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Prior to the intervention (2010). The building constructed to house a local supermarket never attracted a buyer. Except for periods when it had been used as an office by the social services, it had remained unoccupied and was a symbol of the neighbourhood’s inertness. © raumlabor Berlin

BEFORE

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AFTER
 

description

previous state

Barca is a neighbourhood in the north-eastern outskirts of Turin. Located in the city’s District 6, this is a residential estate constructed in the 1970s to provide housing for newcomers from the south of Italy and elsewhere who were looking for jobs in the automobile industry. Like so many other examples of modern urban planning, it was hastily and badly built with errors of foresight. Numerous units of social housing were piled up in blocks separated by excessive and therefore inhospitable public space, which is, accordingly, barren and difficult to maintain. Although there are some public facilities, there is a notable absence of commercial establishments.

The bus line from the centre of the city stops at the point which was supposed to be the heart of the dormitory suburb. The only surviving business here was the local bar: The butcher’s shop and the bakery had closed some time earlier and the building constructed to house a supermarket never attracted a buyer. Except for periods when it had been used as an office by the social services, the building had remained empty and was a symbol of the neighbourhood’s inertness.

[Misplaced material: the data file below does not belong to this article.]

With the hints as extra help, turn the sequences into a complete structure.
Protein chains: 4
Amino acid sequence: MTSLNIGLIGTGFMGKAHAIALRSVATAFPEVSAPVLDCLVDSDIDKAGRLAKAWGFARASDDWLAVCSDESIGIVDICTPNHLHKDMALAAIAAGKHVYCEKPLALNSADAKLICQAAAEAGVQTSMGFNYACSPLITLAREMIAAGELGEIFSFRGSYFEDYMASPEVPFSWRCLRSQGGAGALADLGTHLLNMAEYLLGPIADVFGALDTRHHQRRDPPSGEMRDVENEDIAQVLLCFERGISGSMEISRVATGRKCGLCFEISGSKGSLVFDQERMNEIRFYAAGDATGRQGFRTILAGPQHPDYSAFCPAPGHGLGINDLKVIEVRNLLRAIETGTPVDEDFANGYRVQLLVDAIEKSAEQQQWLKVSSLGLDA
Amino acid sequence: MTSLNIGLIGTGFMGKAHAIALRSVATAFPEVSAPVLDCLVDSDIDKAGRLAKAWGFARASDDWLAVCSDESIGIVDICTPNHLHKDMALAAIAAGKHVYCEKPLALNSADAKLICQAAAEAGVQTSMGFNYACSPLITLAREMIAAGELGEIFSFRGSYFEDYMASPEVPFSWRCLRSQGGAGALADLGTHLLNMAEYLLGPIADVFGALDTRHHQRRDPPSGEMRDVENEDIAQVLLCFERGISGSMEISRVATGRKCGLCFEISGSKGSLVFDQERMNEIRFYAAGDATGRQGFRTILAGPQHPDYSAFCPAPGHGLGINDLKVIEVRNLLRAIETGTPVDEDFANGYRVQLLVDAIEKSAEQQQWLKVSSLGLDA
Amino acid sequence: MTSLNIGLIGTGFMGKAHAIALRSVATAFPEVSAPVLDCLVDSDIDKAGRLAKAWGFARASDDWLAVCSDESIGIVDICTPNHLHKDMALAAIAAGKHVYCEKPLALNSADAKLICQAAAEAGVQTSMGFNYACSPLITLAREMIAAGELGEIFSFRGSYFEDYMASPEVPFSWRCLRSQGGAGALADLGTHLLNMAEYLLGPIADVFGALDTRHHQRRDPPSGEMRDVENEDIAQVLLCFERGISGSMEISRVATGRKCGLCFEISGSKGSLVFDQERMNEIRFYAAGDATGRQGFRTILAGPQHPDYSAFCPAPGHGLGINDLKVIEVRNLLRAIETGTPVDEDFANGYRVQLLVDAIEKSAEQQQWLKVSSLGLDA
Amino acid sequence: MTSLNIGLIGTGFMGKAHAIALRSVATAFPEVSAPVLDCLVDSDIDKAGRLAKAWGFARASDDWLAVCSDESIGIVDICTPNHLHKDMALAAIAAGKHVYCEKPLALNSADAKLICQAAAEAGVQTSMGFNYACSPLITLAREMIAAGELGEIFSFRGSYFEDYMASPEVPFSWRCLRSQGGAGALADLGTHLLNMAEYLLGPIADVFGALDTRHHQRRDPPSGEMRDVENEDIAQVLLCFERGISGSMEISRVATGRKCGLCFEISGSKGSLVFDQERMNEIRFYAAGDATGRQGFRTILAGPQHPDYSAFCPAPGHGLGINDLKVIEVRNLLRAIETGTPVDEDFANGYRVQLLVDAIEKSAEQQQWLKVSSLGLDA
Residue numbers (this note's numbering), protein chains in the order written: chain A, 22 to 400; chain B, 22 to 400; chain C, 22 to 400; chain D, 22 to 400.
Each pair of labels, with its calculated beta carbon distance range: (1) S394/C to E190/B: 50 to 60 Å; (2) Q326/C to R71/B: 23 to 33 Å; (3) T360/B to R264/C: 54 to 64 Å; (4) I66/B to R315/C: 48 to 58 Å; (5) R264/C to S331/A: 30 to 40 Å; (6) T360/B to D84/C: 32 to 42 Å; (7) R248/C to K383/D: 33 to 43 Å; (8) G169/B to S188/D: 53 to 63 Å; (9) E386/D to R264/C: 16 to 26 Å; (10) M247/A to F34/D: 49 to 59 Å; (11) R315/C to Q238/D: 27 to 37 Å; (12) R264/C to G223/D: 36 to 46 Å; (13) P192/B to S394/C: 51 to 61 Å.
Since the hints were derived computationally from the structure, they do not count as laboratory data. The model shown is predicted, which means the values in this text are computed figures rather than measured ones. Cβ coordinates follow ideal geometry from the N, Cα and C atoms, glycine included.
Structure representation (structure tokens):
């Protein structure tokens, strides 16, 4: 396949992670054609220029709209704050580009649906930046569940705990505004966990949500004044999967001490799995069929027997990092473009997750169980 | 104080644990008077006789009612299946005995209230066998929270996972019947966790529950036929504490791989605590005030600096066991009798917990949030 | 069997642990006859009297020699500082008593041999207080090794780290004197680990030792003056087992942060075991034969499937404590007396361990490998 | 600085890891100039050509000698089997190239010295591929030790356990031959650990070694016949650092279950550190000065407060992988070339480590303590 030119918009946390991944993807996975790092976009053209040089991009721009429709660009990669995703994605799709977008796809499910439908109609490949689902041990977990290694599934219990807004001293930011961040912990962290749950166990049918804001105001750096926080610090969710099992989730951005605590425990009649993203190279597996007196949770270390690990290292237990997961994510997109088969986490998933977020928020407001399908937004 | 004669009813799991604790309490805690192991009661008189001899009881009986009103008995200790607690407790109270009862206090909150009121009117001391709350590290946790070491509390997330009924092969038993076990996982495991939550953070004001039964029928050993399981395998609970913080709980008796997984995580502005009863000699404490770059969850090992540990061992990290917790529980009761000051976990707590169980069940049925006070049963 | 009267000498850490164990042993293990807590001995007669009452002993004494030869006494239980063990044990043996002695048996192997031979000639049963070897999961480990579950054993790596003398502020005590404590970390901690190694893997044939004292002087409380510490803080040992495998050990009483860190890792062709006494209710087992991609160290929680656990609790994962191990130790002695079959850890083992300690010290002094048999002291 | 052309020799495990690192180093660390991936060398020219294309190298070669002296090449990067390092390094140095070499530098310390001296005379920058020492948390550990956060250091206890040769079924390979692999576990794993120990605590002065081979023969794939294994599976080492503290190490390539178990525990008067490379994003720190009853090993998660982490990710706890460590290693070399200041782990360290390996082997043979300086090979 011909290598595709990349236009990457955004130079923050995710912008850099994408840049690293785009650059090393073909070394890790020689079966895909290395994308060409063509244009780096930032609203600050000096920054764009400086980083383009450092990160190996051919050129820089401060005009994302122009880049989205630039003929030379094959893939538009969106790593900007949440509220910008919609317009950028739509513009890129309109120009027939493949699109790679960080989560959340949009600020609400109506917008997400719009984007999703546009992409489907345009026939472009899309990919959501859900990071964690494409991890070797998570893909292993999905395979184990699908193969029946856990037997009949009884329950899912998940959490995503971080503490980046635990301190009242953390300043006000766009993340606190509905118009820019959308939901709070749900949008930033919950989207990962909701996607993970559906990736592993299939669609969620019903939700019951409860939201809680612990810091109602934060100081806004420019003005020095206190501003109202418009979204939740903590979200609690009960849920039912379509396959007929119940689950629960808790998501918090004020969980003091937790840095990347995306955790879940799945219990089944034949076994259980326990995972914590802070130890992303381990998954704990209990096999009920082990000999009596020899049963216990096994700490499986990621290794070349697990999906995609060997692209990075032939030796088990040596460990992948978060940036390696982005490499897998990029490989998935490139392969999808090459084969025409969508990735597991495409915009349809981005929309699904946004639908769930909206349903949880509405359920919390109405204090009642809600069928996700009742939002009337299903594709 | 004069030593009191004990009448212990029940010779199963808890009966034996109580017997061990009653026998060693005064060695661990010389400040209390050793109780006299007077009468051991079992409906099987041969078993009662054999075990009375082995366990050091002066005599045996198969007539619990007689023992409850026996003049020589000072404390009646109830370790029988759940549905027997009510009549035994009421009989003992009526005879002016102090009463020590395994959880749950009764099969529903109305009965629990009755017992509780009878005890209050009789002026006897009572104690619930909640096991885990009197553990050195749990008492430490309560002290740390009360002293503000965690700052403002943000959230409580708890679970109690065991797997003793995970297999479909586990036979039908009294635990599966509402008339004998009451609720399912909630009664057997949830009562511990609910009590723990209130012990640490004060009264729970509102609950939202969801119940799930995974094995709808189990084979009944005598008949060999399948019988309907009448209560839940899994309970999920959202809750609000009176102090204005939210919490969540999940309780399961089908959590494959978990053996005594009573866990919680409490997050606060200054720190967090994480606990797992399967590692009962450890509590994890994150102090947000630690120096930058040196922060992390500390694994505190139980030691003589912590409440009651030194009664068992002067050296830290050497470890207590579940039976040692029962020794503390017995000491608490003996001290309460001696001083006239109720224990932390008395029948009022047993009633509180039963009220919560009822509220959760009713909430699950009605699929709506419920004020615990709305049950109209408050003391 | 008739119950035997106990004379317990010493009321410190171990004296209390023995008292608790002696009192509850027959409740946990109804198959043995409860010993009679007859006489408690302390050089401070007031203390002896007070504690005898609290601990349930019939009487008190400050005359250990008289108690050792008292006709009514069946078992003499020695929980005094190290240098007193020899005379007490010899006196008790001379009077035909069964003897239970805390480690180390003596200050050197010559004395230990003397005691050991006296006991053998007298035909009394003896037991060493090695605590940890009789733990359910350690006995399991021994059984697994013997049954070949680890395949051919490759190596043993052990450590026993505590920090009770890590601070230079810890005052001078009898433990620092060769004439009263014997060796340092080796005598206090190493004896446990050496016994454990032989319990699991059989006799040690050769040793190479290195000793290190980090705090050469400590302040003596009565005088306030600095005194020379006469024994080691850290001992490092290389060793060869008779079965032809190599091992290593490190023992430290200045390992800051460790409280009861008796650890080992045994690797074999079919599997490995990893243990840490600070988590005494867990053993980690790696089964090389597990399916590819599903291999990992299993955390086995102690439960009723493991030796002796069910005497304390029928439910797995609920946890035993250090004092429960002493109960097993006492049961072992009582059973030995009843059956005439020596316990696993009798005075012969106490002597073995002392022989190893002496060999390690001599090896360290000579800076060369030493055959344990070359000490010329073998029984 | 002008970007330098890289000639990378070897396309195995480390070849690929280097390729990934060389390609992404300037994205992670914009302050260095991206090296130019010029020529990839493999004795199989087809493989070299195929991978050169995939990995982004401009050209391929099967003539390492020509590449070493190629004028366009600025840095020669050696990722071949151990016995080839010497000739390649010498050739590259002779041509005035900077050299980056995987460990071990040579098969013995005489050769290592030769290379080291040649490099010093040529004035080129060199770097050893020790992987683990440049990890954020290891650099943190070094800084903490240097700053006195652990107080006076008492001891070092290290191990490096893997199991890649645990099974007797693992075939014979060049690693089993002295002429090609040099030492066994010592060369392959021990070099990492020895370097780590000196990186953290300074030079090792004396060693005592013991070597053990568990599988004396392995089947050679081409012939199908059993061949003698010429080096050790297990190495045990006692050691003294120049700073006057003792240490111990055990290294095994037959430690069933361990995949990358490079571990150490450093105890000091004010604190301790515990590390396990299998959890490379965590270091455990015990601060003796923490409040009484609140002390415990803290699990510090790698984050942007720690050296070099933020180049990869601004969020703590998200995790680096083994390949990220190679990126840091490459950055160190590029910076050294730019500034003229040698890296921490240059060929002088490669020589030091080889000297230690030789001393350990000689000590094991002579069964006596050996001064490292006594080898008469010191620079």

aim of the intervention

In 2011 two anthropologists carried out a series of in situ interviews with some of the residents in order to map the social situation of Barca. The results of their fieldwork were read by some activist groups which saw the need to undertake some kind of initiative to empower the young people of the neighbourhood. With support from the Turin City Council, the Piedmont Region, the Goethe Institute, the Fondation de France and the Compagnia di San Paolo, they raised a grant totalling more than a hundred and fifty thousand euros in order to organise, over a three-year period and in the unoccupied building, a series of carpentry workshops to be known as “Cantiere Barca”.

More than training the people who participated in the carpentry workshops and showing them how to use the tools, they also aimed to strengthen social ties in Barca and demonstrate to its residents that by working together they could change their surroundings themselves. Supervised by a group of architects from Berlin, the collaborative design and shared work was to stimulate the creativity of the young people as well as their feeling of belonging to the neighbourhood and their power to make it their own.

description

The first workshop began by producing some big letters which, made out of bits of discarded furniture, spelt out the name of the project, “Cantiere Barca”. These were set up on the roof of the abandoned building as a way of attracting future participants and to show that something had begun to change in the neighbourhood. Thenceforth, all efforts were devoted to turning the empty building into a lively self-managed social centre.